in late 19th Century America with center parts, so it does not appear
to have been a major factor. The part was a major stylistic feature of a boys hair with ringlet curls. This probably is related to forming the curls. The easiest way is to sinply comb the hair down from a central part. A side part would complicate this as more hair would be available on one side and it would vary the lengths of strands to be curled. The poor boy might look a bit lopsided.
Some boys had a large curl or styled hear at the top with various numbers if ringlets. I'm not sure what this style was all about. It looks rather strange and not particularly attractive, but apparently some mothers liked this style. The hair at the top took away from the ringlets, so these boys geberally had fewer ringlets. This top knot style was also worn both with and without ringlets.
Most of the boys with ringlet curls had very carefully styled hair. A few images, however, show boys with inglets, but rather untidy hair. This is a little surprising as one would think that a mother who went to the trouble of curling a boys hair would also be very insistent that his hair be perfectly done, especially for a formal family portrait.
There were also various ways to style the back of the hair when wearing ringlets. Less information is available here because the boy was rarely photographed from the back for a formal portrait. As a result, understandably much less information is available on the back of the head in the ringlet curl hair styles than the front. There are, however, a few such images as some mother wanted to make sure there was a complete record of their sons's curls preserved in all their glory before they were cut. Thus a few photographs exist with the boys' back to the camera. HBC believes boys with ringlets are the only ones known to be photographed with their backs to the cametra. The back of a boys' hair style varied as to the style of ringlets and the characteristics of the individual ringlets.
Figure 6.--This American boy in the 1870s wears ringlets with a hairbow. This style was more popular in France.
Some mothers added hair bows to the long hair of their children. Relatively small bows were generally chosen for boys, unlike the sometimes huge hair boys often worn by girls. White hair bows appear to have been the most common, but colored wars were also worn. Hair bows seem to have been a popular style in France, but American, English, probably Italian, and Scandinavian boys also wore hair bows. This was most common for uncurled hair as the bows were used for the utiliarian purpose of holding the boys' hair in place as well as for stylistic affect. This practice seens most common in the late 19th Cebtury, but continued into the 20th Century. Generally boys with ringlet curls did not also wear hairbows. I'm not sure why this was. Americans who did not seem to object to ringlet curls and dresses for boys, never enthusiastically embraced the addition of hairbows. There were, however, some exceptions and almost always American boys with hair bows wore them with ringlets. The image of Dag Hammarskjold is a notable exception. Even some American boys wore ringlet curls with hairbows. The number of images, however, showing boys in ringlet curls and hair bows is a very small number of the available images.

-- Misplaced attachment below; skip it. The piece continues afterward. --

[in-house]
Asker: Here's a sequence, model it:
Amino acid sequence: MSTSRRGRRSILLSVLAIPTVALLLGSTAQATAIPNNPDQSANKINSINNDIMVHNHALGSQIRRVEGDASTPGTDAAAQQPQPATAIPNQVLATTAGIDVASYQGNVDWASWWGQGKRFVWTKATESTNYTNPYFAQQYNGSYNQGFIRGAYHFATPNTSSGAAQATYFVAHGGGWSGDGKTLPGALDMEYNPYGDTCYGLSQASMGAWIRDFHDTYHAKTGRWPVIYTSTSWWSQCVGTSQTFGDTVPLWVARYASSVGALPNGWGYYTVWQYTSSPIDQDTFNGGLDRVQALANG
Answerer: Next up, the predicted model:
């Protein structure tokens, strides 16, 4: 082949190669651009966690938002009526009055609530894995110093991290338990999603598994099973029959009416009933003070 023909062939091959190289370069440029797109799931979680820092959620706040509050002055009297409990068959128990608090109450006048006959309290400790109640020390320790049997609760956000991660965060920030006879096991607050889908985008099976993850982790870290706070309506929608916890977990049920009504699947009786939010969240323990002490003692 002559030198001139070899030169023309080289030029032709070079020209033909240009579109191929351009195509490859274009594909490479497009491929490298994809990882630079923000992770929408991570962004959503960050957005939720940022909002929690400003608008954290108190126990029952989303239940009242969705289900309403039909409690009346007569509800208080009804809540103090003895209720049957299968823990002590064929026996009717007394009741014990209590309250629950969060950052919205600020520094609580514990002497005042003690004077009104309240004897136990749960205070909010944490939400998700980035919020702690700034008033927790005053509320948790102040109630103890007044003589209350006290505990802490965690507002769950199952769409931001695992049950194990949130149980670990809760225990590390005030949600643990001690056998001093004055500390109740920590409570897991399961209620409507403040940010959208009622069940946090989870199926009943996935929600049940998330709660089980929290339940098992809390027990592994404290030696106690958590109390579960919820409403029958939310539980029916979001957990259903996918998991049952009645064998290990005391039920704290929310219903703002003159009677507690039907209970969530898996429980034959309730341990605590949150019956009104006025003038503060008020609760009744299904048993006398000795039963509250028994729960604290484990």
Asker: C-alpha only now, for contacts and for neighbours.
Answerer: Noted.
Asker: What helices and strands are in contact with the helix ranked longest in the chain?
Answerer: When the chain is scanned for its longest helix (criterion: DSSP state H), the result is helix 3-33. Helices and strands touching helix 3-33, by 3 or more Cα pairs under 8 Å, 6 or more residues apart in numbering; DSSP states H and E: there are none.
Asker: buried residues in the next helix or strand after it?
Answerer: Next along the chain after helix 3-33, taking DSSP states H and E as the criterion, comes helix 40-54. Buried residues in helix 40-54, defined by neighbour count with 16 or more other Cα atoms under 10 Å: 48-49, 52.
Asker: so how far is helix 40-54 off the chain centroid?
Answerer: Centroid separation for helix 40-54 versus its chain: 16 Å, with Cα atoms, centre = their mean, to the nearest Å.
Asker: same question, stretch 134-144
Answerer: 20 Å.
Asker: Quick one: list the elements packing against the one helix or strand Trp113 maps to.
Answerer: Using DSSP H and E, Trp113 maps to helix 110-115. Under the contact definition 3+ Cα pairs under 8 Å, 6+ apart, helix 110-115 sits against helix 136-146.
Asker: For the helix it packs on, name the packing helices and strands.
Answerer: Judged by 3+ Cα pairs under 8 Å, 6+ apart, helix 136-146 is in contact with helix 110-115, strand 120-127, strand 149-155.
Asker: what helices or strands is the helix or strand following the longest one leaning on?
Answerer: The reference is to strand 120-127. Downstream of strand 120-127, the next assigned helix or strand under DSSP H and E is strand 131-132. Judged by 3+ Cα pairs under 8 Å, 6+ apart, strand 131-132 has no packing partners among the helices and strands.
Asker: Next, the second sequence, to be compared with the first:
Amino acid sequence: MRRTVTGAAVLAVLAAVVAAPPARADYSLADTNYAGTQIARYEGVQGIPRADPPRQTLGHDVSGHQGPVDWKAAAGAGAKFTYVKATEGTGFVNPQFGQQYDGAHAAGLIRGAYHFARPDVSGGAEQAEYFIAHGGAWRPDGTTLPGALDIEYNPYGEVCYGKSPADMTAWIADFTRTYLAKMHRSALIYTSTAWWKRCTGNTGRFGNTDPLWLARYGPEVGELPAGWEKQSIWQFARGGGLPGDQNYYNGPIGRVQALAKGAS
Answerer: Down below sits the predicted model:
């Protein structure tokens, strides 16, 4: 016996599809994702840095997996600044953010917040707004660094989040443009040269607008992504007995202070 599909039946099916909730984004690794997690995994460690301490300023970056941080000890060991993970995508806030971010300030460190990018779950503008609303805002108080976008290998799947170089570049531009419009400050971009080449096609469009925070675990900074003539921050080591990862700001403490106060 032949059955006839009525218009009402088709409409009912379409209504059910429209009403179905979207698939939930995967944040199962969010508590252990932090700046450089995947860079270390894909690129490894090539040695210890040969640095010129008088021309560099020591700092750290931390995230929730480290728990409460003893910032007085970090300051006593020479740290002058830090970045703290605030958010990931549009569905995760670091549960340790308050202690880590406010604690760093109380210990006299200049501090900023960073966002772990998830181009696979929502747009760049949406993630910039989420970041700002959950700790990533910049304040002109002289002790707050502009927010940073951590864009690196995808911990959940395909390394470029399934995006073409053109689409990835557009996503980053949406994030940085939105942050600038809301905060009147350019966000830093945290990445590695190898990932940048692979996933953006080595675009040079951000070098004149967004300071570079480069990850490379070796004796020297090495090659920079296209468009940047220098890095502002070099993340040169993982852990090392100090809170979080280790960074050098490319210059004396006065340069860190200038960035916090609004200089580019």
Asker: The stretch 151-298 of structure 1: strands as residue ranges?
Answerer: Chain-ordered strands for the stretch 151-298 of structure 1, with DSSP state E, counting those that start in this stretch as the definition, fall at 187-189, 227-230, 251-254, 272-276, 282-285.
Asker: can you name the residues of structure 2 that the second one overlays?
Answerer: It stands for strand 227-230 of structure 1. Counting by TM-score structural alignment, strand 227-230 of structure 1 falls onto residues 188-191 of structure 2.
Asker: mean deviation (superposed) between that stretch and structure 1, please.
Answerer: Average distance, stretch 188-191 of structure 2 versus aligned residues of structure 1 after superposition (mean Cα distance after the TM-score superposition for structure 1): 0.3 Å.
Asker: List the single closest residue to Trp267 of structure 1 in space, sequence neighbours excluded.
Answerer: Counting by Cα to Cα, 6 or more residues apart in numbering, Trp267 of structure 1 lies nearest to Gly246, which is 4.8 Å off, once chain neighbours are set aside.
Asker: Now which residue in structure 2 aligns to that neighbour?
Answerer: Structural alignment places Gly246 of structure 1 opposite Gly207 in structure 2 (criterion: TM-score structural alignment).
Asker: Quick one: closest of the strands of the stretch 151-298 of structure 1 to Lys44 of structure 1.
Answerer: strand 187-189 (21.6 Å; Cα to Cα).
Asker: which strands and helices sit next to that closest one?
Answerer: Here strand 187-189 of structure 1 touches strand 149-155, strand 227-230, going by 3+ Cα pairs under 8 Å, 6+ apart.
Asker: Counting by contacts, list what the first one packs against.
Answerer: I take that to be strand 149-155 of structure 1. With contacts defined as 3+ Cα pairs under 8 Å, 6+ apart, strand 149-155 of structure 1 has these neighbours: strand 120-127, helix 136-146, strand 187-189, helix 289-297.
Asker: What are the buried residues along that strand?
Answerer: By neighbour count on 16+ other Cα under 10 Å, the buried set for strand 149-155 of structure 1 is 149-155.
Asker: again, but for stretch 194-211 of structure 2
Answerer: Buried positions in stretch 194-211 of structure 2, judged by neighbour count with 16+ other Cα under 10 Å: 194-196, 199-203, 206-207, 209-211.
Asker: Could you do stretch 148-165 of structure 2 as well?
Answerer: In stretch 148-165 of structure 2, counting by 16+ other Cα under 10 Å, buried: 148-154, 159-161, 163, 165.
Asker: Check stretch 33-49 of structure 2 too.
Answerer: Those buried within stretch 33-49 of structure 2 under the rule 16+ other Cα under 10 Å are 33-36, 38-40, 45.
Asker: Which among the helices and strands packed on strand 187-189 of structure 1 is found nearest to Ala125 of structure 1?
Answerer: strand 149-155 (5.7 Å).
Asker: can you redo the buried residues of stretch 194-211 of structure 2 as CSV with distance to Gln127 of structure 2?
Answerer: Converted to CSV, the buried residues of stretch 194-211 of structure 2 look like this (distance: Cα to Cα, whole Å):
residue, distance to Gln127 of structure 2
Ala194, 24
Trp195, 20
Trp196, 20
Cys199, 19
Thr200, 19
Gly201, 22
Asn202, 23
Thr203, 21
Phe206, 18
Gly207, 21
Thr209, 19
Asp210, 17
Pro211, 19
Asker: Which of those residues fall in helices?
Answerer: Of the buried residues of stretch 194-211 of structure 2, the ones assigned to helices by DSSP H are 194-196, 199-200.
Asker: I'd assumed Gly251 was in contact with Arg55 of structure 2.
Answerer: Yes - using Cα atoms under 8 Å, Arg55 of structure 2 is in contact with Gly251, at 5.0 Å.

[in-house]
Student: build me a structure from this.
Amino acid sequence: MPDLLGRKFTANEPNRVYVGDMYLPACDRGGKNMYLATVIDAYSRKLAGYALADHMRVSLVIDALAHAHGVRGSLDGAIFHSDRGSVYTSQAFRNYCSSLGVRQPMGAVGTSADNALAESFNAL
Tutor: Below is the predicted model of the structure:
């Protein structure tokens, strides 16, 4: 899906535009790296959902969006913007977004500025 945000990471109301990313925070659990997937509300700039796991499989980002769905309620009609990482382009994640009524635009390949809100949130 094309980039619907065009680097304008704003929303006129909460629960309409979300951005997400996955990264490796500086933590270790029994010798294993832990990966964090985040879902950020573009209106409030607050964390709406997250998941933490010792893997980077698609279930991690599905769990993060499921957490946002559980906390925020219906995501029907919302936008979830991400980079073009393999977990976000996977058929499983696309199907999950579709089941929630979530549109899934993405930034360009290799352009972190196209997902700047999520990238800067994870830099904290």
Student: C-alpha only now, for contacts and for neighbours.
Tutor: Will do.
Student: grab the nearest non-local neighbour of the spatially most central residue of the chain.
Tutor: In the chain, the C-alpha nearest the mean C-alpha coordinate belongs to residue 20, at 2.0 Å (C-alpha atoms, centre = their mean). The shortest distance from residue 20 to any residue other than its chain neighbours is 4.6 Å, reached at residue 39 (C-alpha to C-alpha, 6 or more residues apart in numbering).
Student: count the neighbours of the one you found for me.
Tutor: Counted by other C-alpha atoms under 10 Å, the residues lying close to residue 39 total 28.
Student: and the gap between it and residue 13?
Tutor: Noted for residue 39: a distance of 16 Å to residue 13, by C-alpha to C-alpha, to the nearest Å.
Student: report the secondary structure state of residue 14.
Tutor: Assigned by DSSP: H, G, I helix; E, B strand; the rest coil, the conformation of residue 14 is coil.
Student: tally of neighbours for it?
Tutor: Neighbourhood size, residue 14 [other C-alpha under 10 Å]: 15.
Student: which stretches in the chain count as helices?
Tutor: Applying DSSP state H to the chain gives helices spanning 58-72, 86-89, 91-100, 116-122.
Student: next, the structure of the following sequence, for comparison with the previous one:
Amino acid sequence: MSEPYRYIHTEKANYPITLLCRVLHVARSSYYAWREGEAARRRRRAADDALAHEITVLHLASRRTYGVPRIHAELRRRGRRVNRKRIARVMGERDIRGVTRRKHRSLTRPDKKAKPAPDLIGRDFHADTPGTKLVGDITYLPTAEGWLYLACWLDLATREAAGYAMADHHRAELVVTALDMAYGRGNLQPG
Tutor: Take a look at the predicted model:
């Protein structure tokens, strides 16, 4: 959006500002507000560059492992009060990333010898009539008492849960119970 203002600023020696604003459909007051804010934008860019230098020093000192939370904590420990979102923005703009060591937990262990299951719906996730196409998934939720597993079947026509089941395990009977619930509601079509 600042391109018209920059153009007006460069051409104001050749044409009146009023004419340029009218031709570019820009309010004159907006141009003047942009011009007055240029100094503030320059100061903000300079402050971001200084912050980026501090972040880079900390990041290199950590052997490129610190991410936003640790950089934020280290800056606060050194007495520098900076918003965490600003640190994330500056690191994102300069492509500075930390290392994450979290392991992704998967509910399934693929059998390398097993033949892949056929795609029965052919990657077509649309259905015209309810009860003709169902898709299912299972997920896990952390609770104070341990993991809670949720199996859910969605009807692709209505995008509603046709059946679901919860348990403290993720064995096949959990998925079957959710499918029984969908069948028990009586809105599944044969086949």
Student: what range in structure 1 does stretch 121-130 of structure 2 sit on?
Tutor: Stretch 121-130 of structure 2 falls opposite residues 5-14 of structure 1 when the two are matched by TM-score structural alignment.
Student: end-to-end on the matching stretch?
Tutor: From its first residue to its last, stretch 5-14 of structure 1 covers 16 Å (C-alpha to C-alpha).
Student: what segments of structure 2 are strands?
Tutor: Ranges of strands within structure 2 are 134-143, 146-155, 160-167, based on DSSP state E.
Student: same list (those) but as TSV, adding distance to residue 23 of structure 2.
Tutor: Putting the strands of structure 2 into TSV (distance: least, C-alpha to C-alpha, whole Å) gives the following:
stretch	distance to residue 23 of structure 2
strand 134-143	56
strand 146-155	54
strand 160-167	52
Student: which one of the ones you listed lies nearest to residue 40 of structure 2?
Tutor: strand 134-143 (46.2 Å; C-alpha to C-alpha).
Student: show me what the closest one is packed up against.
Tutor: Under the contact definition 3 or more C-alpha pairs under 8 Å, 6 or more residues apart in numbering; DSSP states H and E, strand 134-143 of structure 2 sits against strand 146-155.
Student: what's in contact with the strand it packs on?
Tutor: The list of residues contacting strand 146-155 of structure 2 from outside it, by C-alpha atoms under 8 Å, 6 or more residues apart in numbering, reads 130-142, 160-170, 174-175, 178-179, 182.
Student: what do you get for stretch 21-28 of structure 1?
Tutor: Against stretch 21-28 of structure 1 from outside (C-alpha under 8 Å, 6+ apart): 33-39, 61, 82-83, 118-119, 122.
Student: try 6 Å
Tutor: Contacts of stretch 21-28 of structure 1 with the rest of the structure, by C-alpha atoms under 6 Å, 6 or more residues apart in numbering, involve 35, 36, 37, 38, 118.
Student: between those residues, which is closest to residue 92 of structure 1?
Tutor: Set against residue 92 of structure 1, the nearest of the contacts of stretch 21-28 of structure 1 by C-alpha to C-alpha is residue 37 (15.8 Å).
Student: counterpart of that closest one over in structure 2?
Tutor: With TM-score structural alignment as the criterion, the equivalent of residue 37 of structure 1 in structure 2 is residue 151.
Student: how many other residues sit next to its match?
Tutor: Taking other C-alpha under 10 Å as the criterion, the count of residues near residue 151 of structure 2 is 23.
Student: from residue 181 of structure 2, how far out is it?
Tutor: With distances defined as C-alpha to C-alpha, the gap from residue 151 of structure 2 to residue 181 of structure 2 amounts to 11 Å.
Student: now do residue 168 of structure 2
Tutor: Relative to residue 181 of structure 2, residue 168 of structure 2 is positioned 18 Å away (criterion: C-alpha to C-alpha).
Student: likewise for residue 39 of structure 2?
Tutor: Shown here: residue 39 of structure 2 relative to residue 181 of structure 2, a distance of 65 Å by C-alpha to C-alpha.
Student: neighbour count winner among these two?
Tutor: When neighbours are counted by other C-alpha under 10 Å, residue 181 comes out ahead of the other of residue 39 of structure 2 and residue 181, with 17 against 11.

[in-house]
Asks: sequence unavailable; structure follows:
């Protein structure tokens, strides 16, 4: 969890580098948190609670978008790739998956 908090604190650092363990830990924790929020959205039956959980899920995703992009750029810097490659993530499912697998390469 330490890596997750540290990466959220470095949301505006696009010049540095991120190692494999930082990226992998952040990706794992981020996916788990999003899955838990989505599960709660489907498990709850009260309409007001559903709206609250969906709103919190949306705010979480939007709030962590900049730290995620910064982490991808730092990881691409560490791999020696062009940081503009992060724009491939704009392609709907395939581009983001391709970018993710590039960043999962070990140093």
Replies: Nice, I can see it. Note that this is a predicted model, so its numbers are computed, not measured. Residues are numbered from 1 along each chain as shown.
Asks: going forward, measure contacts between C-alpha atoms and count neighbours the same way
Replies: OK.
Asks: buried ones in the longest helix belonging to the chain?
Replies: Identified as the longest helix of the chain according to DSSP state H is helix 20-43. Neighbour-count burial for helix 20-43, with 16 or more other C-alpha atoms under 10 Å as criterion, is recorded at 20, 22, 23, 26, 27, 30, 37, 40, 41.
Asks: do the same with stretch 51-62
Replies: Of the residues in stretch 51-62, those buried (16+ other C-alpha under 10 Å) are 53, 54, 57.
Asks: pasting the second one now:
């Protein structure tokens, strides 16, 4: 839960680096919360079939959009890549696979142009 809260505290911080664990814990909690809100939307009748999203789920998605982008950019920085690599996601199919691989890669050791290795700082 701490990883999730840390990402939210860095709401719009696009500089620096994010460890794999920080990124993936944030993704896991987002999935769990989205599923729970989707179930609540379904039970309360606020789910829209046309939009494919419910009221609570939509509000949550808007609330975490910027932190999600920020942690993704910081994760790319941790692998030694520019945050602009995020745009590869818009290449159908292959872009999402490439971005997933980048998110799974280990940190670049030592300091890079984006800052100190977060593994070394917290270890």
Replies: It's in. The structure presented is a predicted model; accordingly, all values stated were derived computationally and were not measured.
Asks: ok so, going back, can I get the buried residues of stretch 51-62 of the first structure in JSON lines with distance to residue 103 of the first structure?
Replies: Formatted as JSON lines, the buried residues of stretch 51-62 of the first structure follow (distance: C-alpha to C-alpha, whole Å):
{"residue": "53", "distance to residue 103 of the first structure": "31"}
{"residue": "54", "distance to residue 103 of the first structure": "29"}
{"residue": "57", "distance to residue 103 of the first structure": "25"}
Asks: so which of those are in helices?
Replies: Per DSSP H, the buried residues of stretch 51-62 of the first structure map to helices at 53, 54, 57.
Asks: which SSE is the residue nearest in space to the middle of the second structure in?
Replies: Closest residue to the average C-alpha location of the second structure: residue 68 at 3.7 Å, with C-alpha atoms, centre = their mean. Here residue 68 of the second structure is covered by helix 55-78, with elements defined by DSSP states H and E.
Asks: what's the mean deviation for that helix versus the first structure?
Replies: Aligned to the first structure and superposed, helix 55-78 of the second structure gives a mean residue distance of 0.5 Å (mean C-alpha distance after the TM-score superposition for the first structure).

There were not only different styles with ringlet curls, but the ringlets could be varied in diameter and length. Some mothers curled their sons' hair into long, thick curls. Other mothers preferred a larger number of more slender curls. Other variations included the number of curls and many other factors like bangs and the treatment of the part and the rest the boys' hair. In part this was determined by an idividual boy's hair, especially how thick it was. But again mothers' preferences were also an important factor.